Customer data encompasses a broad spectrum of information about the people and businesses your company serves. At the most basic level, customer data is an essential asset for understanding your customers and their goals—and, how your business fits into the equation.
In this post, we’ll take a deeper look at customer data and explore best practices for customer data management.
4 primary types of customer data
Names and job titles. Email addresses. Support ticket records. Online reviews. Transactions. Cross-device usage patterns.
The list goes on and on…
Simply put, customer data comes in many shapes and sizes—and, from many sources, too. Making sense of customer data can seem overwhelming, especially without the right perspective. As a result, some companies fail to overcome roadblocks to effective data use, thereby diminishing the impact of their most valuable business asset.
To create some semblance of structure and clarity, customer data is often categorized into groups. Here are four primary customer data groups.
1. Basic data
Basic personal customer data forms your organization’s fundamental understanding of each relationship. Many—if not most—standard data fields in a CRM could be considered basic data. A contact’s name, email address, phone number, job title, and linked organizations are examples of basic customer data. Demographic data, such as gender and income, or firmographic data, such as annual revenue or industry, are also basic customer data.
When aggregated and analyzed across multiple contacts and/or organization records, basic data builds the basis for audience segmentation. Then, by using tags or reports in your CRM, you can begin to visualize how many customers share common attributes.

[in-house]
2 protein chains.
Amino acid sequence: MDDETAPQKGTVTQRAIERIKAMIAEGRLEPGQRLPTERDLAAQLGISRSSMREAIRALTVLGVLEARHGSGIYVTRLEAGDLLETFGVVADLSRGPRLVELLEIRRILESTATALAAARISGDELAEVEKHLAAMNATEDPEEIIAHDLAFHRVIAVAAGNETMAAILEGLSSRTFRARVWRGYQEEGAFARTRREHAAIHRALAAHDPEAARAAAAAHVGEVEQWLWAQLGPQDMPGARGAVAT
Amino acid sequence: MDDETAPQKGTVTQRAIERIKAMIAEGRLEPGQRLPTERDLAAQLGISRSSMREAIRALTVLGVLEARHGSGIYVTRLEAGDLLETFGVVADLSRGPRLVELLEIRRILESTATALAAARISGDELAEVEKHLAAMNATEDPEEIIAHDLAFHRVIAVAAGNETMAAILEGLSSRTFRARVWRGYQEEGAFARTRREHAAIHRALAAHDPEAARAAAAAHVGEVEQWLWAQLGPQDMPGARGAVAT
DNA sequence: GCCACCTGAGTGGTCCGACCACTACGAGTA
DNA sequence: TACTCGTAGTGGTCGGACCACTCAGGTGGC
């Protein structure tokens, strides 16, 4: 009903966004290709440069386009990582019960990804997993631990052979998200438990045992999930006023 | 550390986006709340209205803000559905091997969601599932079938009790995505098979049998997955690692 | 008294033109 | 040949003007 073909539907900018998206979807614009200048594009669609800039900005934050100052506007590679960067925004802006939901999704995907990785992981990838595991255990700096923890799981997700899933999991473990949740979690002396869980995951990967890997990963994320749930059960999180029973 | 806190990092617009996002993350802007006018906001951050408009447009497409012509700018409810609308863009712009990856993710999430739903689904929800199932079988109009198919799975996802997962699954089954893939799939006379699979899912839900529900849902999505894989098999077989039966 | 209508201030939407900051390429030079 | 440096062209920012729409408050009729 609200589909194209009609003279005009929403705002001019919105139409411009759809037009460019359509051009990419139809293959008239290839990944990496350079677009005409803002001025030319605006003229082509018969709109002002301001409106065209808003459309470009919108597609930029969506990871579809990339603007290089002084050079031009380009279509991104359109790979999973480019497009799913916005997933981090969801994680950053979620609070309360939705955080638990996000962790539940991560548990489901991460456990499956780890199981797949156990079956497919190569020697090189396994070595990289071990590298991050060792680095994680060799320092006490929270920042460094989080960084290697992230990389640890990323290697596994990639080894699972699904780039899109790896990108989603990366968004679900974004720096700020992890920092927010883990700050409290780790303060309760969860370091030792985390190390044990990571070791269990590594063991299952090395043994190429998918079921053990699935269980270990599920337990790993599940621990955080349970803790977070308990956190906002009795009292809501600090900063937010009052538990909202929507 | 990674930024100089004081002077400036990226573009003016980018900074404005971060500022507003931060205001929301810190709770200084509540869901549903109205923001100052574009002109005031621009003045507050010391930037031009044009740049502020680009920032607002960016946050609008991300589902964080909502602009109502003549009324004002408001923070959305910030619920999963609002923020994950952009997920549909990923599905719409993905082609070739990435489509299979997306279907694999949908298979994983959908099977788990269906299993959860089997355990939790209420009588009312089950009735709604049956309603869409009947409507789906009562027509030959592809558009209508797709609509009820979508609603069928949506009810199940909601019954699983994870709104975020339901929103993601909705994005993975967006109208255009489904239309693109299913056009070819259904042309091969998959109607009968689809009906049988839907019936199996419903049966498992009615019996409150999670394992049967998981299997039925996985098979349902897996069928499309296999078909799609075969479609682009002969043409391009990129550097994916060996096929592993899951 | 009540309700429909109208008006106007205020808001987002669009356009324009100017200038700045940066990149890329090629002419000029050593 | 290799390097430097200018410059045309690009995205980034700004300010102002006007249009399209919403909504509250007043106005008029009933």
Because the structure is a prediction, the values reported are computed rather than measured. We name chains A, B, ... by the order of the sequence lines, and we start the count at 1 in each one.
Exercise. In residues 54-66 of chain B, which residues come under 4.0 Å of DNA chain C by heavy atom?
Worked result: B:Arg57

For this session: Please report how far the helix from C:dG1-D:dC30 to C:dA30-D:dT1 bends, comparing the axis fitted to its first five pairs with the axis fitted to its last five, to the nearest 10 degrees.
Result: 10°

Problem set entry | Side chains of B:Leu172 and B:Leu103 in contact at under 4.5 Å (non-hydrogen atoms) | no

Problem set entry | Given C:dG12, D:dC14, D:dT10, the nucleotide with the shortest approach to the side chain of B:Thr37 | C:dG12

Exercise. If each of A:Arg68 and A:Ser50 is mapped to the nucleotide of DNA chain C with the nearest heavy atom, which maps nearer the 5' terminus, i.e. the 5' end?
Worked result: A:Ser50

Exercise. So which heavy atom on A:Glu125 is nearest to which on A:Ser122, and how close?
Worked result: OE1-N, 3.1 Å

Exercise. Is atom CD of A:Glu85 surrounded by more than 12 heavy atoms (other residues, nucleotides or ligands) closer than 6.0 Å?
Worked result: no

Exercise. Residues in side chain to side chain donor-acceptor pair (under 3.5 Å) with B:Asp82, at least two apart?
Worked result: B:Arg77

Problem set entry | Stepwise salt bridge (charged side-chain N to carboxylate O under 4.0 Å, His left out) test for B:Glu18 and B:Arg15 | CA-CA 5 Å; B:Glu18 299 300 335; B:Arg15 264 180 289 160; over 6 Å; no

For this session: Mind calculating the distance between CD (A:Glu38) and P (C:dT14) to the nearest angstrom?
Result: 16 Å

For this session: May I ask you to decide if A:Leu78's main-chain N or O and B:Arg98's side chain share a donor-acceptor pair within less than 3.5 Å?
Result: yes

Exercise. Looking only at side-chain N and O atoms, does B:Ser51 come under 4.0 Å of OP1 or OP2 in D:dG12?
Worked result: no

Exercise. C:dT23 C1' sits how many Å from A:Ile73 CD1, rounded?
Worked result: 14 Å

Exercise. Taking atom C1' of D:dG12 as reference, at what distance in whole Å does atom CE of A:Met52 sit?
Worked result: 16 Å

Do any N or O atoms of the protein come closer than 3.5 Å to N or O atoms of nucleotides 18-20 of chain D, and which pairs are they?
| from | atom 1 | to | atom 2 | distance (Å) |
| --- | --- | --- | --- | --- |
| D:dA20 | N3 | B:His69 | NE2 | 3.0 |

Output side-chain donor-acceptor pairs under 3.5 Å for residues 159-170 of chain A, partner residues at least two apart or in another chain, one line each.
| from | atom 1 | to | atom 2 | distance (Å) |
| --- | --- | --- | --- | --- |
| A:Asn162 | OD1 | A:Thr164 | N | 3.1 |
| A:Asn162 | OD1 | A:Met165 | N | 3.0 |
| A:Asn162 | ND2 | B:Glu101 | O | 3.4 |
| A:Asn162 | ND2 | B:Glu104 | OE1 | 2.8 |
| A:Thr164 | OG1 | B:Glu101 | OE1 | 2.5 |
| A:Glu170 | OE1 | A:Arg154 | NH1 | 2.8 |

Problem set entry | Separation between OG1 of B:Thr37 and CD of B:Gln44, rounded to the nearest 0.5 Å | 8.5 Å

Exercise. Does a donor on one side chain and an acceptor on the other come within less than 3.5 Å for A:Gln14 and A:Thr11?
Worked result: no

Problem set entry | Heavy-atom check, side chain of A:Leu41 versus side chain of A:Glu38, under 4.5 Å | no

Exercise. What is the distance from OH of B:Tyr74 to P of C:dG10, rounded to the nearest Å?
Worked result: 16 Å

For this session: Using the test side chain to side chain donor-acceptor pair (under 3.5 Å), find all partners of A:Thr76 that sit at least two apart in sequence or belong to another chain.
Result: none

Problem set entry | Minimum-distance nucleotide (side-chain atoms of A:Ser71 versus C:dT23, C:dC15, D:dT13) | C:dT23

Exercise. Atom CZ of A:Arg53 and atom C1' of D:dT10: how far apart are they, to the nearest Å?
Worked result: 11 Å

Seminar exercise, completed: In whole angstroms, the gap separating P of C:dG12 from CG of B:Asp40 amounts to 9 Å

2. Interaction data
Sometimes referred to as “engagement” data, “interaction” data includes the many touchpoints that customers have with your brand. Interaction data is particularly useful for informing decisions that pertain to the buyer journey. Pageviews, ebook downloads, social shares, email inquiries, and demo requests are common examples.
Interaction data is often anonymized and aggregated for high-level reporting purposes (with the ability to “drill down” for further insights). For example, marketing consultants spend considerable time studying interaction data in web analytics platforms to understand campaign effectiveness and return on advertising spend (ROAS). In addition, some marketing platforms provide user-level reporting to track where each customer came from.
3. Behavioral data
“Behavioral” data offers insight into the customer’s experience with your actual product or service. (Note: The difference between interaction and behavioral data can seem fairly nuanced depending on your business and industry.)
Technology companies are frequently cited as premier users of behavioral data, such as free trial sign ups, user account logins, feature utilization, user license additions, deactivations, and downgrades.
That being said, almost every organization maintains some type of behavioral data (even if they do not realize it). If you’re a service-based company, you probably send detailed invoices that inform customers about why they’re being charged. Why not leverage this data to hone in on your most popular solutions? If you’re a manufacturer, you regularly receive purchase orders that are tracked in your ERP. In addition to helping you accurately fulfill your customer’s request, each purchase order represents an excellent opportunity to understand customer preference and identify future trends.
4. Attitudinal data
“Attitudinal” data helps you understand what customers think about your company and the solutions that you provide. Unlike the other three types of data, attitudinal data delivers a first-hand account of what customers actually think. Online reviews, support ticket comments, and satisfaction surveys are sources of attitudinal data.